Spain’s Council of Ministers approves improvements to the Film Law Royal Decree
- The amendments include measures intended to encourage the production of documentaries and animated films, as well as others to support budding directors and co-productions with Latin America
In December last year, at the behest of the head of the Spanish government’s Ministry of Culture and Sport, José Manuel Rodríguez Uribes, the Council of Ministers passed an amendment to Royal Decree 1084/2015, which is being used to develop the so-called Film Law. It includes new measures aimed at stimulating audiovisual activity as well as measures of a procedural nature, and improvements to the technical aspects.
In particular, the approved modifications relate to so-called “difficult” audiovisual works, with new criteria being set up to promote films made exclusively by women, the production of documentaries, animations and co-productions with Latin American countries. Furthermore, it bolsters support for short films, movies in Spain’s co-official languages other than Castilian Spanish, and works by budding creators. This Royal Decree has emerged as a response to the much-needed adaptations that have come to light during the implementation of the current regulations, bearing in mind the dynamic nature of the sector it is aimed at as well as the legislative modifications that have been made since it was passed.
The measures intended to stimulate film and audiovisual activity include new criteria for labelling certain audiovisual works as “difficult”, in accordance with applicable European regulations, and the amount of public support that these works can receive is being increased in line with article 36.1 of Law 27/2014, of 27 November, of the Corporate Income Tax, subsequently amended by Royal Decree-Law 17/2020, of 5 May.
As a result, the aforementioned support measures have been implemented as follows: for works made exclusively by female directors, up to 75% of the recognised cost; for works made by male or female directors with a disability rating equal to or higher than 33%, as acknowledged by the relevant authority, up to 80% of the cost; for documentaries, up to 75%; for animated films with a production budget lower than €2.5 million, up to 75% of the recognised cost; for short films, up to 85% of the cost; for audiovisual works shot entirely in one of the country’s co-official languages other than Castilian Spanish, which are screened in Spain in said language, up to 80%; for audiovisual works made as a co-production with Latin American countries, up to 60% of the recognised cost for the Spanish part; for works directed by a person who has not made more than two features to date and whose production budget is no more than €1.5 million, up to 80% of the cost; and for works of special cultural and artistic value that require exceptional funding support, in accordance with the criteria set out by Ministerial Order or in the corresponding calls for support applications, up to 75%.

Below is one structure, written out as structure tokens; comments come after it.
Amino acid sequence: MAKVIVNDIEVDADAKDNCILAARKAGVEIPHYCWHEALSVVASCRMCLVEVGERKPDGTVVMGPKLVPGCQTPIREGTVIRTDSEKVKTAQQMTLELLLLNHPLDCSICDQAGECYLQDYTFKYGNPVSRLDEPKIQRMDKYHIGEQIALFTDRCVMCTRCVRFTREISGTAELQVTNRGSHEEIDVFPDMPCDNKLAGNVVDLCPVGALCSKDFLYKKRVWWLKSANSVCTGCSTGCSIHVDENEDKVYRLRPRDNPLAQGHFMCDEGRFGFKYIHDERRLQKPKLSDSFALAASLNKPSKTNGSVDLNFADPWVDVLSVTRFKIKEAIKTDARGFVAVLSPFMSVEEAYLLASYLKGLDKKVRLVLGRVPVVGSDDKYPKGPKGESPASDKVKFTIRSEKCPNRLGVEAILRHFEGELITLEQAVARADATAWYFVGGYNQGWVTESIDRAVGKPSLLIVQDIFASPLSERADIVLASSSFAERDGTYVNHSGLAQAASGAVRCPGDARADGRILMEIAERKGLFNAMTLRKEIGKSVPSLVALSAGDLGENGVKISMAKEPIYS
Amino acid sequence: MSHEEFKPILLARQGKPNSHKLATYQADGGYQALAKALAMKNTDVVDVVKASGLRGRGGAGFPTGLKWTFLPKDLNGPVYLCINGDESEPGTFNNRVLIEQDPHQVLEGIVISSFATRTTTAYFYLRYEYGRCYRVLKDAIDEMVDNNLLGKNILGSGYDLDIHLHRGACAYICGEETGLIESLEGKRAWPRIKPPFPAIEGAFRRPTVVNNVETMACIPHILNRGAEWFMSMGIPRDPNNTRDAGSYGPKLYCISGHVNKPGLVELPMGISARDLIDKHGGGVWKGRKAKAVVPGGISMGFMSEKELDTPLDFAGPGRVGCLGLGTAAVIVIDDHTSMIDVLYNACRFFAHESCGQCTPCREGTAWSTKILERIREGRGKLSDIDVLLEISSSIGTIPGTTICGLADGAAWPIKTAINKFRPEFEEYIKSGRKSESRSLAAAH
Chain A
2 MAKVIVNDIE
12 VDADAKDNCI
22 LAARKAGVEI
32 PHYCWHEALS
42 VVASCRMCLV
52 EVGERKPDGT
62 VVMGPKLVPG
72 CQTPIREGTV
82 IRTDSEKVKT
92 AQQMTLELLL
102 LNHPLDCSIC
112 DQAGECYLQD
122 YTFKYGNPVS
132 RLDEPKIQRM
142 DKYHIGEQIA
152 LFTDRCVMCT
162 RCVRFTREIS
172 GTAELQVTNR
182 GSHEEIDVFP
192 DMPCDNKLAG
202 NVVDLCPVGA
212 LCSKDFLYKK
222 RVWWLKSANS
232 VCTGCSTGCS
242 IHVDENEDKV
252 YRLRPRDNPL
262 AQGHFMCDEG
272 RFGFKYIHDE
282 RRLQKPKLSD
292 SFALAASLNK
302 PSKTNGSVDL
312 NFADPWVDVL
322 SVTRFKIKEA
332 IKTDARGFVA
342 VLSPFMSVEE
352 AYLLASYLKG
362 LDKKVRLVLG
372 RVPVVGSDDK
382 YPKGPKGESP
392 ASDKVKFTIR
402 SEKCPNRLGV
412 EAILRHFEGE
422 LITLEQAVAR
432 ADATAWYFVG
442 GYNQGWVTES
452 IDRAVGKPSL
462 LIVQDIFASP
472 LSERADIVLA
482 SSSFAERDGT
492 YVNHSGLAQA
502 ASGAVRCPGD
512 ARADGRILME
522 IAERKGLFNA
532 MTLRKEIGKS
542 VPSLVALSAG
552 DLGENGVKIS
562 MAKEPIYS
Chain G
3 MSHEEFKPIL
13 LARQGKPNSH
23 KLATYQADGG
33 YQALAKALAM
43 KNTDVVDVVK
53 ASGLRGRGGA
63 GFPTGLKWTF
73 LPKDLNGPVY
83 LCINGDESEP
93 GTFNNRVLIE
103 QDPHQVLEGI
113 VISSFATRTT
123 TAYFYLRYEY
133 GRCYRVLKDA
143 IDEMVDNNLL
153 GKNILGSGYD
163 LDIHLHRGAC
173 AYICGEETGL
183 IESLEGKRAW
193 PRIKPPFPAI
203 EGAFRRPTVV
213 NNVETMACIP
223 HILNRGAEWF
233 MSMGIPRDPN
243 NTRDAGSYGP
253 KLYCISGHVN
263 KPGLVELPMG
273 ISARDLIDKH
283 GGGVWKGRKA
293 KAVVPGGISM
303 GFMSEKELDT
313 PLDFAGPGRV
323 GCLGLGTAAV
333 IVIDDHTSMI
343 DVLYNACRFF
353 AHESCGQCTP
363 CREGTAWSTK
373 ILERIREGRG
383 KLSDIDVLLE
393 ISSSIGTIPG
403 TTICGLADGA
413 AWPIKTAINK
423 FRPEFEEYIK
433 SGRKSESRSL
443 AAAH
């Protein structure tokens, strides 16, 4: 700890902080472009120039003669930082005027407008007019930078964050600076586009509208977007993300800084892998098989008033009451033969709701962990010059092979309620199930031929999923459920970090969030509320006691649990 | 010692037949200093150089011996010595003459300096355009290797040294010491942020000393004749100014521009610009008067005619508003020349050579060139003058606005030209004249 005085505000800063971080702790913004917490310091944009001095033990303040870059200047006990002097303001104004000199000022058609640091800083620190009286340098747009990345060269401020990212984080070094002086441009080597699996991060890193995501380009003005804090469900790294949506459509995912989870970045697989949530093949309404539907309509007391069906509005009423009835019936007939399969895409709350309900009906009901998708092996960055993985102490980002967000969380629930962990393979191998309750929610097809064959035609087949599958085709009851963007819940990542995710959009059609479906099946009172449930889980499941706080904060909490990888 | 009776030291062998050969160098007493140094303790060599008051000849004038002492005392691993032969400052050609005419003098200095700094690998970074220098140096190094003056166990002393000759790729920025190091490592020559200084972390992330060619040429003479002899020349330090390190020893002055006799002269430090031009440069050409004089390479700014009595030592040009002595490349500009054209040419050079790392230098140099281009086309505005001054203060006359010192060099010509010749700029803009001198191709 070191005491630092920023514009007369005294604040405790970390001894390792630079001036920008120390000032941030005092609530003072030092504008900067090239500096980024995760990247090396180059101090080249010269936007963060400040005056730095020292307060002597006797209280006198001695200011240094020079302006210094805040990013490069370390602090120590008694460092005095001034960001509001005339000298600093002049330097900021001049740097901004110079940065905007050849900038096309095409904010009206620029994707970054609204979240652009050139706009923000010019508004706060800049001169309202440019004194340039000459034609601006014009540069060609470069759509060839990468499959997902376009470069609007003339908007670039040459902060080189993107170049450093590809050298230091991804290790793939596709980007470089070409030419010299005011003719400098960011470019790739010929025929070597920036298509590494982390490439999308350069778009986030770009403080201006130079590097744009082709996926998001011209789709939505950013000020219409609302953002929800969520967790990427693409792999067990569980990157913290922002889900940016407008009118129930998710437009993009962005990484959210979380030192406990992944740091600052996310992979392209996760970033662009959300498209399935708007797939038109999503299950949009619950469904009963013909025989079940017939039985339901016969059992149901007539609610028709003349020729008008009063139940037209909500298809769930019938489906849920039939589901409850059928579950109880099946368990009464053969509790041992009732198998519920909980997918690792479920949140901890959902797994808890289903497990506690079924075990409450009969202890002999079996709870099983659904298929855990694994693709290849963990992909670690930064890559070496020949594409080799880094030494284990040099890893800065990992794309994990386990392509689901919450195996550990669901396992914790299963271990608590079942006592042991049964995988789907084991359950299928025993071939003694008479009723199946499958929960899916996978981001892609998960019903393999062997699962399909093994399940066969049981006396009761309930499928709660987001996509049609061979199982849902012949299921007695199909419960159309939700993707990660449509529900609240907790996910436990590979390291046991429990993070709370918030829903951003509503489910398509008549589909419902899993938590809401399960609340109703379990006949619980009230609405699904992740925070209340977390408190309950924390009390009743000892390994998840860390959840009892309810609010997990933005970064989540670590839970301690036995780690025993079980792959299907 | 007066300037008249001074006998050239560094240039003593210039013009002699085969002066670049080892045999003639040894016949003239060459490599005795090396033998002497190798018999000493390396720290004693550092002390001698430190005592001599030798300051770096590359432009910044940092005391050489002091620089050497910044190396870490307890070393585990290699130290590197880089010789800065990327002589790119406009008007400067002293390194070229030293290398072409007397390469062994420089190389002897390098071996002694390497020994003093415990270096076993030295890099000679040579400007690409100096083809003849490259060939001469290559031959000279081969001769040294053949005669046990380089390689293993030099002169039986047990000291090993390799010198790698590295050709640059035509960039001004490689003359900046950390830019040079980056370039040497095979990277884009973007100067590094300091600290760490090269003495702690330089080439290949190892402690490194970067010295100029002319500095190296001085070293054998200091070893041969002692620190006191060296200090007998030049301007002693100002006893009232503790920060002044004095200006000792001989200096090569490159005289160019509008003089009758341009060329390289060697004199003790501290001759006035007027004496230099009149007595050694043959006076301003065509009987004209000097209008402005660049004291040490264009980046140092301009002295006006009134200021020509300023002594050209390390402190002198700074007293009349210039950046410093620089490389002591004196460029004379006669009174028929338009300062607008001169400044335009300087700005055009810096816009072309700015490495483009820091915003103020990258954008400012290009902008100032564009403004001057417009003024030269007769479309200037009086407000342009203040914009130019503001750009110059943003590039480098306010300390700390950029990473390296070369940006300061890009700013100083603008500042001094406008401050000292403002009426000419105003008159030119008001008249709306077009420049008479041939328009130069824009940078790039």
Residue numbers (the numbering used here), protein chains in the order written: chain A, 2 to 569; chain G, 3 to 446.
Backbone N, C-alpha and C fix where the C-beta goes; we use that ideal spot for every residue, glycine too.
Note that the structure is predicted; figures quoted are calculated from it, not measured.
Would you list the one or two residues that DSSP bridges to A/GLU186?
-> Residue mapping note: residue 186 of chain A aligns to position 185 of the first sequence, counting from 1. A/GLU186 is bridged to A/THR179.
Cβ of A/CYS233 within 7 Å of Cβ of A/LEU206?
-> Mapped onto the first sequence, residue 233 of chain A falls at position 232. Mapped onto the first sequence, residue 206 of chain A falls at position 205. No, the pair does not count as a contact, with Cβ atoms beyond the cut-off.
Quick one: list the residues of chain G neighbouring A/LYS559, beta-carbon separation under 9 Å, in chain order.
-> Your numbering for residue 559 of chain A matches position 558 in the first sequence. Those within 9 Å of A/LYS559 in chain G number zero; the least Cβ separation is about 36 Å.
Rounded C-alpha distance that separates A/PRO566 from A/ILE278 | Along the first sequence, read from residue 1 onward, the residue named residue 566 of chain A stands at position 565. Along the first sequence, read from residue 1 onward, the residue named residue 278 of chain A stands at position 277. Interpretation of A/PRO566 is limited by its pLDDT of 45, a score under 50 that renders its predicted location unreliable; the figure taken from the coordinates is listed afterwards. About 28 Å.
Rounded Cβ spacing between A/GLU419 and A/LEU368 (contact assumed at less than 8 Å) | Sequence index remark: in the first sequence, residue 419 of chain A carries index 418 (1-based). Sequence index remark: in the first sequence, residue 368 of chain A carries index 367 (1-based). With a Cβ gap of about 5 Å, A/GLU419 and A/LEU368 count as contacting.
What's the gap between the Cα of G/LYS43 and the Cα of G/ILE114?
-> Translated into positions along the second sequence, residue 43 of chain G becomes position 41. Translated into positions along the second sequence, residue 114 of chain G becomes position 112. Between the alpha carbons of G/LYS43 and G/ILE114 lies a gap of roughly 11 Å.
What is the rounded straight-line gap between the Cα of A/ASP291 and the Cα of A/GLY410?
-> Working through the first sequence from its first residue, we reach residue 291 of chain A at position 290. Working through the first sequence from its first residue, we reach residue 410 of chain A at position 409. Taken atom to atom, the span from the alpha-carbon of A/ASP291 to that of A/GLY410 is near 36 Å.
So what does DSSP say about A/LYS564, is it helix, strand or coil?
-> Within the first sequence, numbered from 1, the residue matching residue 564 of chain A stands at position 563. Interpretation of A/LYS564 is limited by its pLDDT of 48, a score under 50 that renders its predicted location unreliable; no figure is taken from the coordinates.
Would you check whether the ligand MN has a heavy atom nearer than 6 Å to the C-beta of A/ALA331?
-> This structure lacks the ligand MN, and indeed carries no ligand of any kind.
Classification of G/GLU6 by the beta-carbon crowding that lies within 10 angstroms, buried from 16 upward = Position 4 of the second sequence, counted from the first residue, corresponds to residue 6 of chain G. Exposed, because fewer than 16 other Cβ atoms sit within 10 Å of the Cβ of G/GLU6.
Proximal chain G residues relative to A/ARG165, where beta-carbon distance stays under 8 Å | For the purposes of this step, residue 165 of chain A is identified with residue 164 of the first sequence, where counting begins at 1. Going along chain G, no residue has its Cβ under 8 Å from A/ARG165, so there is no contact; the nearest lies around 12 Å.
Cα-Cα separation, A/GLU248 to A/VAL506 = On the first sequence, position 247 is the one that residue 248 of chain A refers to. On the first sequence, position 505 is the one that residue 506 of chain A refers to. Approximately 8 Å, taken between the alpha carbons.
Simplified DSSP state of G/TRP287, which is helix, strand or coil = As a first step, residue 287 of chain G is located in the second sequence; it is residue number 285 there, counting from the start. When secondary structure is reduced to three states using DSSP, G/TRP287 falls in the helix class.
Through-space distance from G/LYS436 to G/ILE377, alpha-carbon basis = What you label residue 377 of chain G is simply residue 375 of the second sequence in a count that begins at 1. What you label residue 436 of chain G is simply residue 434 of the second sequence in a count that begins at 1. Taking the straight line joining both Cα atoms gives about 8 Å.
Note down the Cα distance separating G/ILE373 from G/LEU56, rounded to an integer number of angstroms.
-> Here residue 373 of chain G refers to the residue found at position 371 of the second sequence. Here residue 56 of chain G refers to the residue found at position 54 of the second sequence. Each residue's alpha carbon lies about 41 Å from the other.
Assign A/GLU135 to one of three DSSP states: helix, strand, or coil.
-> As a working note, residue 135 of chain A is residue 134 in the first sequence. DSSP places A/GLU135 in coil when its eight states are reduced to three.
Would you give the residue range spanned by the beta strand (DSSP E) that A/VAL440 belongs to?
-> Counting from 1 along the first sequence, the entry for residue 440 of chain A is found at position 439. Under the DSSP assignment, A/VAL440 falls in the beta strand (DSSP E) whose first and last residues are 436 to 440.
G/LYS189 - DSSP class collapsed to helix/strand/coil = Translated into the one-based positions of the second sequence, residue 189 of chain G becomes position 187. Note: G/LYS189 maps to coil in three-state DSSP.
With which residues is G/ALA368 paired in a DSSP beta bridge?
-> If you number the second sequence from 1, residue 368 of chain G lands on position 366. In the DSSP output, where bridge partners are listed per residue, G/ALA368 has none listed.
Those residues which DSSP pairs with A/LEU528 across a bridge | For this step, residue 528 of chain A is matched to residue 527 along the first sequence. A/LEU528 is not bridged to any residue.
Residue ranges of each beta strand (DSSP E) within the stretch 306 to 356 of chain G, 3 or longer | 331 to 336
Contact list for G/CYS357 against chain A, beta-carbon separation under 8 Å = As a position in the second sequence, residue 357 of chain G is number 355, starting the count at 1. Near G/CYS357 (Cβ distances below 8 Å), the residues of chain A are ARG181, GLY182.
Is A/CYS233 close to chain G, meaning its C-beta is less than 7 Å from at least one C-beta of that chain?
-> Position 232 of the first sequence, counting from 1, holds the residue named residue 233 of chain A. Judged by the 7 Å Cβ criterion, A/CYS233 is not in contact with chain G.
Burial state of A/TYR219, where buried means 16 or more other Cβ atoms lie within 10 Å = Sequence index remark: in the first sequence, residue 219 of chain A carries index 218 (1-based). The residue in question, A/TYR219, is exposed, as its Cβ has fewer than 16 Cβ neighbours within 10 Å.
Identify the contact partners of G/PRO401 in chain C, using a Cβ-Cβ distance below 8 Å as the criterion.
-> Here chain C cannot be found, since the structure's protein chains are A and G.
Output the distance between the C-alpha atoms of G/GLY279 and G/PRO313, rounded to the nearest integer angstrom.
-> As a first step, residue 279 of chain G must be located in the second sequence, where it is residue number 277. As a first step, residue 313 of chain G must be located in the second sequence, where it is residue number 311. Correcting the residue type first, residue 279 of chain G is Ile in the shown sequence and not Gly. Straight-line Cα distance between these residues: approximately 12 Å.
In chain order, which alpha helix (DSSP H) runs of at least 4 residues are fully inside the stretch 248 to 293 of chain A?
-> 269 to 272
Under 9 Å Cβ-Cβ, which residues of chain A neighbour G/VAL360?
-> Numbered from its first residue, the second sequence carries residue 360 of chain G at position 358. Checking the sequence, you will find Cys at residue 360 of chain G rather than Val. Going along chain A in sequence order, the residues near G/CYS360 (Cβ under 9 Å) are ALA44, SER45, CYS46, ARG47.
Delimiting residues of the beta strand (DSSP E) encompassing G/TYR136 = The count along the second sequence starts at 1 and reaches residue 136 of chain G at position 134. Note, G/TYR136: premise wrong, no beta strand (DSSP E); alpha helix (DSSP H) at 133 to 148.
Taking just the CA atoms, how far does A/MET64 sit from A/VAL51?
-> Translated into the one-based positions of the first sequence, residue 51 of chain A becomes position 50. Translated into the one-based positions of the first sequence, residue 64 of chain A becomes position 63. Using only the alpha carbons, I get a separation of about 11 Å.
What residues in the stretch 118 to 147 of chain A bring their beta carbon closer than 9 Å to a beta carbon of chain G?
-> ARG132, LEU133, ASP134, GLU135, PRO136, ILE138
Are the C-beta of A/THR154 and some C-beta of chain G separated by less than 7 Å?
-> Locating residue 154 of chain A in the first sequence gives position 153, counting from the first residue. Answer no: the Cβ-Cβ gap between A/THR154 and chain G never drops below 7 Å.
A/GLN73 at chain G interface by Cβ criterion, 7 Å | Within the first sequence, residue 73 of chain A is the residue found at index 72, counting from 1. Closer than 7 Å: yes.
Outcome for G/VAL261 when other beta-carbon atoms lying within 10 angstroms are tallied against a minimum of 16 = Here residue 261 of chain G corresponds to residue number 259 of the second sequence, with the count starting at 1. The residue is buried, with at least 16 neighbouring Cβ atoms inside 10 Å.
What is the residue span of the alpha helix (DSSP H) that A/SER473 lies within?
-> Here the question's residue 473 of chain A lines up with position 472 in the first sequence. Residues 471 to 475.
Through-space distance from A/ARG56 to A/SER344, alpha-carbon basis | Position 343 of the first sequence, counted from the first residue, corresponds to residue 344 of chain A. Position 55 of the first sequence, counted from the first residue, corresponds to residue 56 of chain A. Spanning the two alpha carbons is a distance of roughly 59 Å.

Likewise, the procedure for approving international co-productions in general, and financial co-productions in particular, is being made more flexible, in line with standard practice in the international market. Specifically, the percentage of non-EU personnel or staff not belonging to the co-producing countries who are allowed onto the co-production is being increased, and the approval of financial co-productions is now permitted once the shoot has started. Before this amendment, any given co-production had to be approved before the start of the shoot.
All information from this Royal Decree – including the measures of a procedural nature and those intended to improve on the technical aspects – can be found via this link to the Spanish Official State Gazette website (in Spanish).
(Translated from Spanish)
Did you enjoy reading this article? Please subscribe to our newsletter to receive more stories like this directly in your inbox.